Malaysia should assume worst case for oil, says analyst

Malaysia should assume worst case for oil, says analyst

Kuala Lumpur - AS Teheran re-enters the oil market, pushing prices to below US$28 (S$40) a barrel and a 12-year low, an analyst has suggested that it may be necessary for Malaysia to pencil in an ultra-conservative average of US$10 oil in its revised Budget, given the rapid pace of decline of oil prices.

Whether the assumption is provocative or overly bearish, independent interest rate and foreign exchange strategist Suresh Ramanathan maintains that the oil-exporting country needs to "be pragmatic", and that Putrajaya ought to base its oil inference on the worst-case scenario, rather than go with the crowd.

"It should go below consensus and if the numbers turn out better, they can be revised as Putrajaya will be ahead of the curve rather than behind it," he said.

On Jan 28, Prime Minister Najib Razak is to announce a revised Budget to better reflect the current climate, which includes further oil price weakness, a slowing Chinese economy and depreciation of the yuan, as well as the lifting of economic sanctions on Iran, which will let loose its oil supply into an already over-saturated market.

Only 10 days earlier, with oil prices at the US$32-33 range, Mr Najib, who is also finance minister, declared that the Budget, tabled last October, would have to be "recalibrated", because it was based on oil costing US$48 a barrel.

With prices now lower in anticipation of Iran's supplies, Malaysia's oil revenues could be reduced by more than RM30 billion (S$9.8 billion).

The RM30 billion figure was based on oil being priced in the low US$30s. Every drop of a dollar in the per-barrel price adds up to a RM300 million loss in oil revenue for the country.

Last week, Petronas president and chief executive Wan Zulkiflee Wan Ariffin said that oil prices could average US$30 barrel this year, down from the US$48 price assumed only two to three months ago; he warned that the rough patch could last two to three years.

While radical, Mr Ramanathan's suggestion of US$10 oil doesn't seem too far-fetched. Standard Chartered has said that prices could go as low as that, though economists at the Royal Bank of Scotland have put it at a more moderate US$16.

But even if prices were to plummet to those levels, chances are it would not last long.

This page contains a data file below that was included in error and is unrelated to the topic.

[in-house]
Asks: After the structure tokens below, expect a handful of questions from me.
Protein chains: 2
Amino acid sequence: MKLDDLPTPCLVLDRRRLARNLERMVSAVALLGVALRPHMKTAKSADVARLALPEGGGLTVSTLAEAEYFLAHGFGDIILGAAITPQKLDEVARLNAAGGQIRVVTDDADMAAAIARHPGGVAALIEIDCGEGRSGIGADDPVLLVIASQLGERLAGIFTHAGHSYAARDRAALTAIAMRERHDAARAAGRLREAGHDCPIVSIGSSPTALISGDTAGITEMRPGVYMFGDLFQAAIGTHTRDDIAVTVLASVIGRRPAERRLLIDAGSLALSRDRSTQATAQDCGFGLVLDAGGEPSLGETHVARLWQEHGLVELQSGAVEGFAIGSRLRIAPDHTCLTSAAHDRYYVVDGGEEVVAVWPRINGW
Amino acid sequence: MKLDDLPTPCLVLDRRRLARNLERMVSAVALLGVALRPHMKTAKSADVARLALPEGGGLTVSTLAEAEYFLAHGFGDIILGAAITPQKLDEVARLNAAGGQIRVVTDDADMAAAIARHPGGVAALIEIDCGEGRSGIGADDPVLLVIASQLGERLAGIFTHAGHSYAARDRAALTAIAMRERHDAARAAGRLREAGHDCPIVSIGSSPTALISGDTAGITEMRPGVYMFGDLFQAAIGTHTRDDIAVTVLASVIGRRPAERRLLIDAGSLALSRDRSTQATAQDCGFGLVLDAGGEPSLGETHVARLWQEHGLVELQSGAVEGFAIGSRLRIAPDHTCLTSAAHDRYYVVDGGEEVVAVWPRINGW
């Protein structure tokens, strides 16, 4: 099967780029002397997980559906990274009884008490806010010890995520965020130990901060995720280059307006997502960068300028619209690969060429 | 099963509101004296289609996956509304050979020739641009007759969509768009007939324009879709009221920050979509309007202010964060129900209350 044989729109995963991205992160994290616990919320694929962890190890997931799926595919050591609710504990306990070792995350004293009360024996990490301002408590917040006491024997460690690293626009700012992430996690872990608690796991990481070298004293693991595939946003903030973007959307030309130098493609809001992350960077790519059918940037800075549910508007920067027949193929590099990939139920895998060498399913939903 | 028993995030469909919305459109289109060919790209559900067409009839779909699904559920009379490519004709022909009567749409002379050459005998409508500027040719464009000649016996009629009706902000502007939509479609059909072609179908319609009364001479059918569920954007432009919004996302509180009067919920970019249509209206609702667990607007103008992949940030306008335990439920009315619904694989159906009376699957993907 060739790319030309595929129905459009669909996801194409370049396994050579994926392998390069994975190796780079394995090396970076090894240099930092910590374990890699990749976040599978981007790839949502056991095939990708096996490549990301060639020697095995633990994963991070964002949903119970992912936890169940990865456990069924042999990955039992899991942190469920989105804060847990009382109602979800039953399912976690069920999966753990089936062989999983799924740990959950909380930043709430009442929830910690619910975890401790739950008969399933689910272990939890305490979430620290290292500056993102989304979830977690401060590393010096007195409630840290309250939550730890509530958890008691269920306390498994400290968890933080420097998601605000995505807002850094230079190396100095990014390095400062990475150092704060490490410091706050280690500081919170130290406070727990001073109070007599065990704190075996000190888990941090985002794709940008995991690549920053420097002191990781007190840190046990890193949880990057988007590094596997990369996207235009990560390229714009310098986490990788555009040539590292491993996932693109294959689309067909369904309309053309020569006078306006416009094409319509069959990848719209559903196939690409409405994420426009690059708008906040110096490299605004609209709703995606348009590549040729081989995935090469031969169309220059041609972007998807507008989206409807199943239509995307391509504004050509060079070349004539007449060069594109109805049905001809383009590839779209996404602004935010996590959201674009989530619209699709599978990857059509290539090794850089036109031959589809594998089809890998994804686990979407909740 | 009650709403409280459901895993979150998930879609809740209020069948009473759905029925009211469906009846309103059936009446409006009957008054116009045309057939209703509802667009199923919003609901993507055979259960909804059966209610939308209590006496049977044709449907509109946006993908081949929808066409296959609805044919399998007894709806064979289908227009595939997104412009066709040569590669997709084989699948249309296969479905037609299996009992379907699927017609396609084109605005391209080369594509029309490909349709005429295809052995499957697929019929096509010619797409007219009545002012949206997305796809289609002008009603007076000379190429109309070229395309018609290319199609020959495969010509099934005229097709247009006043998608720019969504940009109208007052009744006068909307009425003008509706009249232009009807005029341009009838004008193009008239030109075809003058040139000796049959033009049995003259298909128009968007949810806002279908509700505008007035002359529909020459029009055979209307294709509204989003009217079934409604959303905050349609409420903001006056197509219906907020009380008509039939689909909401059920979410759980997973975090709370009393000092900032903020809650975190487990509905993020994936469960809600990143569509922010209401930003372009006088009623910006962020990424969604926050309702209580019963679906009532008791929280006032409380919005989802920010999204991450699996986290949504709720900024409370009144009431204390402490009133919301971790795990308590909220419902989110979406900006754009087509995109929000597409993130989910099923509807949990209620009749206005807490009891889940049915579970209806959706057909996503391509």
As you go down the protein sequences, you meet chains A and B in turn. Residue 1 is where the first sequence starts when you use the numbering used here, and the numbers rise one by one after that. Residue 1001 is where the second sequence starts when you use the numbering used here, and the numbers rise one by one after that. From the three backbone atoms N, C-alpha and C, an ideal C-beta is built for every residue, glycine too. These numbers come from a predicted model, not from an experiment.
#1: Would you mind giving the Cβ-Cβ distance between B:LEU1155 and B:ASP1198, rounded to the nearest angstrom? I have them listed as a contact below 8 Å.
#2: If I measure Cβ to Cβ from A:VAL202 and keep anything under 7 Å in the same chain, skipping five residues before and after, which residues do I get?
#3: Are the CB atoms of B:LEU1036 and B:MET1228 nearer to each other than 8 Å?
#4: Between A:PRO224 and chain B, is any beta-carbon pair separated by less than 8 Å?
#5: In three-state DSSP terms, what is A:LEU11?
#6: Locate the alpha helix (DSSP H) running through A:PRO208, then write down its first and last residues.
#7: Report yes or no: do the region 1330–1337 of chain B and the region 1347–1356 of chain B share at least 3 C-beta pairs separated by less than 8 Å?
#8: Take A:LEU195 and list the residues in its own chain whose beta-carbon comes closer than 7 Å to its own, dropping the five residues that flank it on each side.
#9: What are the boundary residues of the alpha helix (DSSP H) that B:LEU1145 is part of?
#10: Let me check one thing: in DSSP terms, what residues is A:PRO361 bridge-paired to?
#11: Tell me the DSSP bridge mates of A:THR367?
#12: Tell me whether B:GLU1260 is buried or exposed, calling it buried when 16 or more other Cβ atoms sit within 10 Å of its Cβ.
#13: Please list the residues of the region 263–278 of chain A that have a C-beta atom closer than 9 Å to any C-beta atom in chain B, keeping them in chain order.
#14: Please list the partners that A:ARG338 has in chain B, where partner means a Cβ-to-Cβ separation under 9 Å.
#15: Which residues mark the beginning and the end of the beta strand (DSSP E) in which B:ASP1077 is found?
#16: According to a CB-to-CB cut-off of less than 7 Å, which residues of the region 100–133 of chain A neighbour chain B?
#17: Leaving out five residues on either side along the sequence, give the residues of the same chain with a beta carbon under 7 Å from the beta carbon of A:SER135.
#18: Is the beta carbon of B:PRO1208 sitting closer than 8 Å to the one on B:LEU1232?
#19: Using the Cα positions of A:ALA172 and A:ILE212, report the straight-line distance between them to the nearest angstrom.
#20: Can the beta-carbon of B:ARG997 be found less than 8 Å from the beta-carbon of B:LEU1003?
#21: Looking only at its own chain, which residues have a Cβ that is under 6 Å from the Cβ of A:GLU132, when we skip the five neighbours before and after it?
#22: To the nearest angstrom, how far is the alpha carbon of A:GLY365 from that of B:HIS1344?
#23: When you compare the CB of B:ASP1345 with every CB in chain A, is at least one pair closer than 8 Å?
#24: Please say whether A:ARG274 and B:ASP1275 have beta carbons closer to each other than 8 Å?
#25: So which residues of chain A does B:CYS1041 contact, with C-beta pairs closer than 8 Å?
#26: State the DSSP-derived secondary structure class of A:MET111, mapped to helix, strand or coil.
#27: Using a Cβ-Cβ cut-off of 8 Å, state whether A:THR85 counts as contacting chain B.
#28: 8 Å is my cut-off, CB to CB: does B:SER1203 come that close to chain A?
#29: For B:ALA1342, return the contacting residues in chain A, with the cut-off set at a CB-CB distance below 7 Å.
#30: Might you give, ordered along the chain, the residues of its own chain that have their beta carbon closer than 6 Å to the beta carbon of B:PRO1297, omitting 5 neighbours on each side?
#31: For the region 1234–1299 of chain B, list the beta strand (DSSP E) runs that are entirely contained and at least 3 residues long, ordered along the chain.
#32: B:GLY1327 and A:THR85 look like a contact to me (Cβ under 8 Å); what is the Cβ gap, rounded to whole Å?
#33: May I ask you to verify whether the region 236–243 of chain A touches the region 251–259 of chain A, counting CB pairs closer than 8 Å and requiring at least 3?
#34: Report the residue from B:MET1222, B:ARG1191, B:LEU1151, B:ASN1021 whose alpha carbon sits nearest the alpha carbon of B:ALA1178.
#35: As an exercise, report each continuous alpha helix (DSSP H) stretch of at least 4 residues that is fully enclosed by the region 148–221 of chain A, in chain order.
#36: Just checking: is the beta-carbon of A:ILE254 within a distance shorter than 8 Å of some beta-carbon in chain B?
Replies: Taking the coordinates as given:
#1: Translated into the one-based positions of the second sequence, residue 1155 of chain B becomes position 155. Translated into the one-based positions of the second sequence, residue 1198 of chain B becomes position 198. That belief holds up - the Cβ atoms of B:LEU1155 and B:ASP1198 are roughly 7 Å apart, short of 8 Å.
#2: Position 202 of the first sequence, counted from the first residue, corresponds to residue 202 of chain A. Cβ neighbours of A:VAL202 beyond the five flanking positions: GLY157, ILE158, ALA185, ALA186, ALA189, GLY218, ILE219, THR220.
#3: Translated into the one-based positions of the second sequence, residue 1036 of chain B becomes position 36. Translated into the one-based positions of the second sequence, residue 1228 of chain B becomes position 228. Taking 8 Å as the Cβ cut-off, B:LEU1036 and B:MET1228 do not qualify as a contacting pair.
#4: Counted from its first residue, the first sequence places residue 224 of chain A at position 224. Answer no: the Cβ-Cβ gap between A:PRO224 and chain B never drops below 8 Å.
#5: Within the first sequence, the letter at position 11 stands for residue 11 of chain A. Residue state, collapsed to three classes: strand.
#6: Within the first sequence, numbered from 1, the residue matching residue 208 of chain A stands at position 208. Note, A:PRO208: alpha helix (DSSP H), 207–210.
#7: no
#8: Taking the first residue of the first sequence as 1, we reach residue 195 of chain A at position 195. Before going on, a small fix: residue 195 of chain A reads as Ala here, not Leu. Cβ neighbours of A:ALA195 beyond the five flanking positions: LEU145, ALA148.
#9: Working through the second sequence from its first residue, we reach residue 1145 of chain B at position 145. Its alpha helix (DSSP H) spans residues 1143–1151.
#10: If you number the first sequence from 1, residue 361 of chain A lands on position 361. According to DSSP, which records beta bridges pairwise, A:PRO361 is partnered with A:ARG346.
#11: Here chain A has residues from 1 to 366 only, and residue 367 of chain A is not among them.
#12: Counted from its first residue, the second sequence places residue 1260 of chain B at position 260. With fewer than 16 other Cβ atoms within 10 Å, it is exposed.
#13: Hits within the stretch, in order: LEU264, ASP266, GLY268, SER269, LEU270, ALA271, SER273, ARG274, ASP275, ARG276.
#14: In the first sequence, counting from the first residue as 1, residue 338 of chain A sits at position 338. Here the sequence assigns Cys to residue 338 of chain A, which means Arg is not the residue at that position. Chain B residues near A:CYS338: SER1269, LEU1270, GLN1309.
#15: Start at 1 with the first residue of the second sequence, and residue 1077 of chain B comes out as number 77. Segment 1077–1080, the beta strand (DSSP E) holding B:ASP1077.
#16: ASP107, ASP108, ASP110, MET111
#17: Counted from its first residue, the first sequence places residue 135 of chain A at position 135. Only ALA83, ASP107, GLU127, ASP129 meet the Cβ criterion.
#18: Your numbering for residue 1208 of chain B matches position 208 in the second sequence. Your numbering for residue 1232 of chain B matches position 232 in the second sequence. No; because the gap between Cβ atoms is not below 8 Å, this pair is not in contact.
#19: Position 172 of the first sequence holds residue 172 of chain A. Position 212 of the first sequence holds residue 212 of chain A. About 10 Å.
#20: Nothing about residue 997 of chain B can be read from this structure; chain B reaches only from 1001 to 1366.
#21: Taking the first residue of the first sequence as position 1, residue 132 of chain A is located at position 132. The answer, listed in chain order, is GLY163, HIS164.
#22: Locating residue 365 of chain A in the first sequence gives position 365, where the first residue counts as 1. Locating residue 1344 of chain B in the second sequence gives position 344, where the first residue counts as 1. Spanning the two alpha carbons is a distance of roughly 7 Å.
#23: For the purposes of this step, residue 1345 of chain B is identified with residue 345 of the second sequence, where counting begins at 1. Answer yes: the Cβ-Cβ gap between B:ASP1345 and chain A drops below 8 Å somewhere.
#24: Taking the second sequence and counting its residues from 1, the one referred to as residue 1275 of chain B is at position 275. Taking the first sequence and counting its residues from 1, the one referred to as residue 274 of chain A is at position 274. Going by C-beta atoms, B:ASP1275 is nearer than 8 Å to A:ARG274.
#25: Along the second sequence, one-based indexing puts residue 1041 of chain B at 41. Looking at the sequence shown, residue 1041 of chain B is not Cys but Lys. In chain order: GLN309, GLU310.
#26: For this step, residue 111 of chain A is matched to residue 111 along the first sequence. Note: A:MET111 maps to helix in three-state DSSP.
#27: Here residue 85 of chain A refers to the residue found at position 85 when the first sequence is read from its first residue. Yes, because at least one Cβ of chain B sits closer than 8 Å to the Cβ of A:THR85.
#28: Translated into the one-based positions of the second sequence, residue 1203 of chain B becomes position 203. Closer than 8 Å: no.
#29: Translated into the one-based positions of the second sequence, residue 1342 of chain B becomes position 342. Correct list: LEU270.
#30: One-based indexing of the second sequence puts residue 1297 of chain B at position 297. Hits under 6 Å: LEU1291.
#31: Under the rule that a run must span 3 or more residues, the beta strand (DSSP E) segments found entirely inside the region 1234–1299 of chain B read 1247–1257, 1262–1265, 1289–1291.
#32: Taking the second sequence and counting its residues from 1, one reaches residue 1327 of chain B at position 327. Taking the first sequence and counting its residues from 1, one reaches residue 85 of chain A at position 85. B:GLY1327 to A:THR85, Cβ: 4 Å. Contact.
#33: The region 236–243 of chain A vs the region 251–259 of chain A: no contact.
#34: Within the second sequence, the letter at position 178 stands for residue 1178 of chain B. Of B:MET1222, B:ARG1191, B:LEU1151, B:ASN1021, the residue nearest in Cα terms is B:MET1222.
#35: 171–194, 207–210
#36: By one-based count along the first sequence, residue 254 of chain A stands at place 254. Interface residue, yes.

In a report last week, Bank of America Merrill Lynch (BOAML) observed that many companies would not be able to cover their operating costs if oil prices dip into the US$20s, "marking a possible inflection point for oil".

While it believes it is too early to pick a bottom - given the current global environment including the growing animosity between Saudi Arabia and Iran - it said that conditions for a floor in crude oil prices are coming together, as a result of the following factors: spot crude prices are nearing cash costs, a bumper US driving season is approaching, the Chinese yuan is finally starting to move towards fair value, shale production is falling and the West Texas Intermediate (WTI) grade of crude oil has now matched Brent.

BOAML expects global oil demand to expand at a brisk pace on lower oil prices as Iran's oil hits the market. It also expects oil prices to bottom out in the first half, with a recovery into the summer months, and has projected Brent to average US$46 (from US$50) and WTI at US$45 (US$48).

If oil prices trade close to the bank's average, Putrajaya is likely to have more breathing space in the second half to tinker with a leaner Budget, especially if its oil assumptions are more conservative.

Given that the economy is slowing noticeably, Mr Ramanathan said, the focus of the Budget should be on growth, which he believes is paramount. "Instead of being fixated on debt, they should concentrate on growth."

Fiscal deficit concerns should be put on the back-burner, he said, because "a ratings downgrade is inevitable especially if oil revenue continues to drop".

This article was first published on January 19, 2016.
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